In the wake of Consumer Reports announcing that it would not be recommending the iPhone 4 due to the much-discussed antenna problems, there have been calls for Apple to recall the device.
While a recall could be damaging to Apple's reputation, it would also be a costly endeavor, according to some calculations made by Bernstein Research analyst Toni Sacconaghi. In a research note on Tuesday, Sacconaghi estimated that while "a full product recall of the iPhone 4 (is) highly unlikely," it would cost Apple $1.5 billion, or 3.5 percent of its total cash on hand.
What would be more likely--and cheaper--is that Apple could issue a free rubber bumper case with each phone. That would prevent a person's hand from coming into contact with the phone's antenna, which is built into its exterior metal strip. Although Apple charges $29 at retail for the rubber cases, Bernstein estimates that giving them away to iPhone 4 customers would cost the company $1 per unit.
"It could be done immediately, would directly address the Consumer Report's concern, and would be financially immaterial," Sacconaghi wrote. "While it would force Apple to 'acknowledge' a design issue with the iPhone, we believe that consumers are increasingly aware of the antenna issue, and remedying it rather than dismissing or ignoring it appears most appropriate."
Looking to the future, the Wall Street firm says a more troubling consequence of this event than the iPhone antenna problems is Apple's response to it.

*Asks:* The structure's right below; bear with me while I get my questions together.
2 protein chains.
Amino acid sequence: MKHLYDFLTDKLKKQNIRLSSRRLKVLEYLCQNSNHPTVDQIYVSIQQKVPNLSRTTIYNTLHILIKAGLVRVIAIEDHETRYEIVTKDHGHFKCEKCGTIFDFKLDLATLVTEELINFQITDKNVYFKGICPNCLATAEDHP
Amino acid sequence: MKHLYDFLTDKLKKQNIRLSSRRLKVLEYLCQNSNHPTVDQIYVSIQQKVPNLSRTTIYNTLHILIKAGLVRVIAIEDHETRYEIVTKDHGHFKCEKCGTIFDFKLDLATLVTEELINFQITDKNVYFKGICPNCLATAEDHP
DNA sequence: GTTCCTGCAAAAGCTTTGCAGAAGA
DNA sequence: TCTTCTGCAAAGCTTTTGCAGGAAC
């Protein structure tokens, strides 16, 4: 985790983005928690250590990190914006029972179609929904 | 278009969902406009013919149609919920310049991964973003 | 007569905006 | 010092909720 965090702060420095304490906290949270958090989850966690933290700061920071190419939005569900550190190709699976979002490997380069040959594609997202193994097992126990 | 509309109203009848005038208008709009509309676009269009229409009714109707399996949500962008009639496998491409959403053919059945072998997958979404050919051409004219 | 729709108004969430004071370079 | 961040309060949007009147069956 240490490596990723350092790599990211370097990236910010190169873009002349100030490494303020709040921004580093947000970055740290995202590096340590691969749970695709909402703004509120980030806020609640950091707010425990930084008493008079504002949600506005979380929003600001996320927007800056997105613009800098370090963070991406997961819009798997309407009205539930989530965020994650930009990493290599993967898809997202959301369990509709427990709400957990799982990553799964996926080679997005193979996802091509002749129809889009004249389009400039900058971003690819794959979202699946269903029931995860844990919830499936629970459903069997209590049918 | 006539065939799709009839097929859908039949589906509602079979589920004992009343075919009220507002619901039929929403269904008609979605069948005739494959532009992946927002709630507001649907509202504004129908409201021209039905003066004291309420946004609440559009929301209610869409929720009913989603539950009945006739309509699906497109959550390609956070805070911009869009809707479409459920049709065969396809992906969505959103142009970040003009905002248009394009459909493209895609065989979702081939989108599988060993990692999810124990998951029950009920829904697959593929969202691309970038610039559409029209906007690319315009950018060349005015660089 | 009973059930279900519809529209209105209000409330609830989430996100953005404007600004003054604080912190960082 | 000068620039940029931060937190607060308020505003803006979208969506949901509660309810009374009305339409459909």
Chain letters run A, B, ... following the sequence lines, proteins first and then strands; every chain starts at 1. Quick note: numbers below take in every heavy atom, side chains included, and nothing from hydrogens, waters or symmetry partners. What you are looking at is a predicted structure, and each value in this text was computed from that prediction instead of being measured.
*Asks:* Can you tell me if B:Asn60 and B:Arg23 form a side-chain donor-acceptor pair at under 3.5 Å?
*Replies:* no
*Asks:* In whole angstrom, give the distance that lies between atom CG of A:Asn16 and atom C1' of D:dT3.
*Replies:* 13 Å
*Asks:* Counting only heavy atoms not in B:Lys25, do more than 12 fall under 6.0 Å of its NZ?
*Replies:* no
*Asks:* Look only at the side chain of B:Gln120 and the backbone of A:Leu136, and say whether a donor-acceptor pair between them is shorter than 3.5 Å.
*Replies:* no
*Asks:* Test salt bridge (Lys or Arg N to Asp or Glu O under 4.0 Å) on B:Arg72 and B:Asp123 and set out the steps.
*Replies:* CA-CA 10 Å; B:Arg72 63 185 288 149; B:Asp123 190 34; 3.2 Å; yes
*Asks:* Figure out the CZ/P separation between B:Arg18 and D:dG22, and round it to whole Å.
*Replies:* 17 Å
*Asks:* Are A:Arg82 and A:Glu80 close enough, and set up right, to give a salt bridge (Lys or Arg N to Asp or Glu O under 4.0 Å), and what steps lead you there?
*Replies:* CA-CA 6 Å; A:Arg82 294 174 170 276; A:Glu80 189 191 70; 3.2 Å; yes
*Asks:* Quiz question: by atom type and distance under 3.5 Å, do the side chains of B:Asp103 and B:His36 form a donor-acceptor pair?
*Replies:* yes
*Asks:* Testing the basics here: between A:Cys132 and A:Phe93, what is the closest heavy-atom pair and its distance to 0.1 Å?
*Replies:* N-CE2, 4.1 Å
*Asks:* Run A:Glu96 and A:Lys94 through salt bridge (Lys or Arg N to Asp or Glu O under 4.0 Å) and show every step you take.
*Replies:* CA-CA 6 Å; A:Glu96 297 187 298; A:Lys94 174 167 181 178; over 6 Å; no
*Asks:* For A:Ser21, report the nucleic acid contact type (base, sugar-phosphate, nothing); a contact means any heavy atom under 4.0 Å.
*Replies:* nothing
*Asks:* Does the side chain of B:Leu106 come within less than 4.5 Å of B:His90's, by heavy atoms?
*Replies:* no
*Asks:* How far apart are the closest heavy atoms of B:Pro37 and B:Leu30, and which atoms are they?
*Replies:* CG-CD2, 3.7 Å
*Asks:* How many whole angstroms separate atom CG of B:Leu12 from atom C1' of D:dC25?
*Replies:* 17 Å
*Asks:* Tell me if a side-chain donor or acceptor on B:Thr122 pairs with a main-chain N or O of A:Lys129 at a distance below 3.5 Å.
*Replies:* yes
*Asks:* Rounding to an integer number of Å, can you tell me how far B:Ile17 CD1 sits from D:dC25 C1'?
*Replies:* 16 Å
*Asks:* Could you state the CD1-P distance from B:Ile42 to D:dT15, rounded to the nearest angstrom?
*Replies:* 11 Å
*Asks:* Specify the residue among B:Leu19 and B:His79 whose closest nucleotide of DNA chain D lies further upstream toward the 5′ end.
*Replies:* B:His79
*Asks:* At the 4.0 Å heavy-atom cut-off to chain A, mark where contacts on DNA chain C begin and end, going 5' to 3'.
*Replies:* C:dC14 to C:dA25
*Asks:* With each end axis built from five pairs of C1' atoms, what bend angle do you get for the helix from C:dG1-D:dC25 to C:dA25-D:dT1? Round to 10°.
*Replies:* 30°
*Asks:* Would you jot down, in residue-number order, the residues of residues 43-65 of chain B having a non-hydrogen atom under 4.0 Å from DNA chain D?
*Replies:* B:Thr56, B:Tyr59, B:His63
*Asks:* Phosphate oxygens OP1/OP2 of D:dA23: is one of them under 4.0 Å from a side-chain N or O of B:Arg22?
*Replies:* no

"Perhaps the bigger, longer-term concern for Apple investors is the emerging pattern of hubris that the company has displayed, which has increasingly pitted competitors (and regulators) against the company, and risks alienating customers over time," Sacconaghi wrote. "Examples of its behavior have included its limited disclosure practices (Steve Jobs' health; plans for deploying its cash balance), its attack on Adobe's Flash, its investigation into its lost iPhone prototype (which culminated in a reporter's home being searched while he was away and computers being removed), its restrictions on app development, and its ostensibly dismissive characterizations of the iPhone's antenna issues (i.e., phone needs to be held a different way; a software issue that affects the number of bars displayed). The worry is that collectively, these issues may, over time, begin to impact consumers' perceptions of Apple, undermining its enormous prevailing commercial success."
Apple has not offered a fix for the hardware issue beyond the instruction to hold the iPhone in a different manner or buy a rubber bumper case. Instead, the company says it is working on a software update that will fix the number of signal bars displayed on the phone.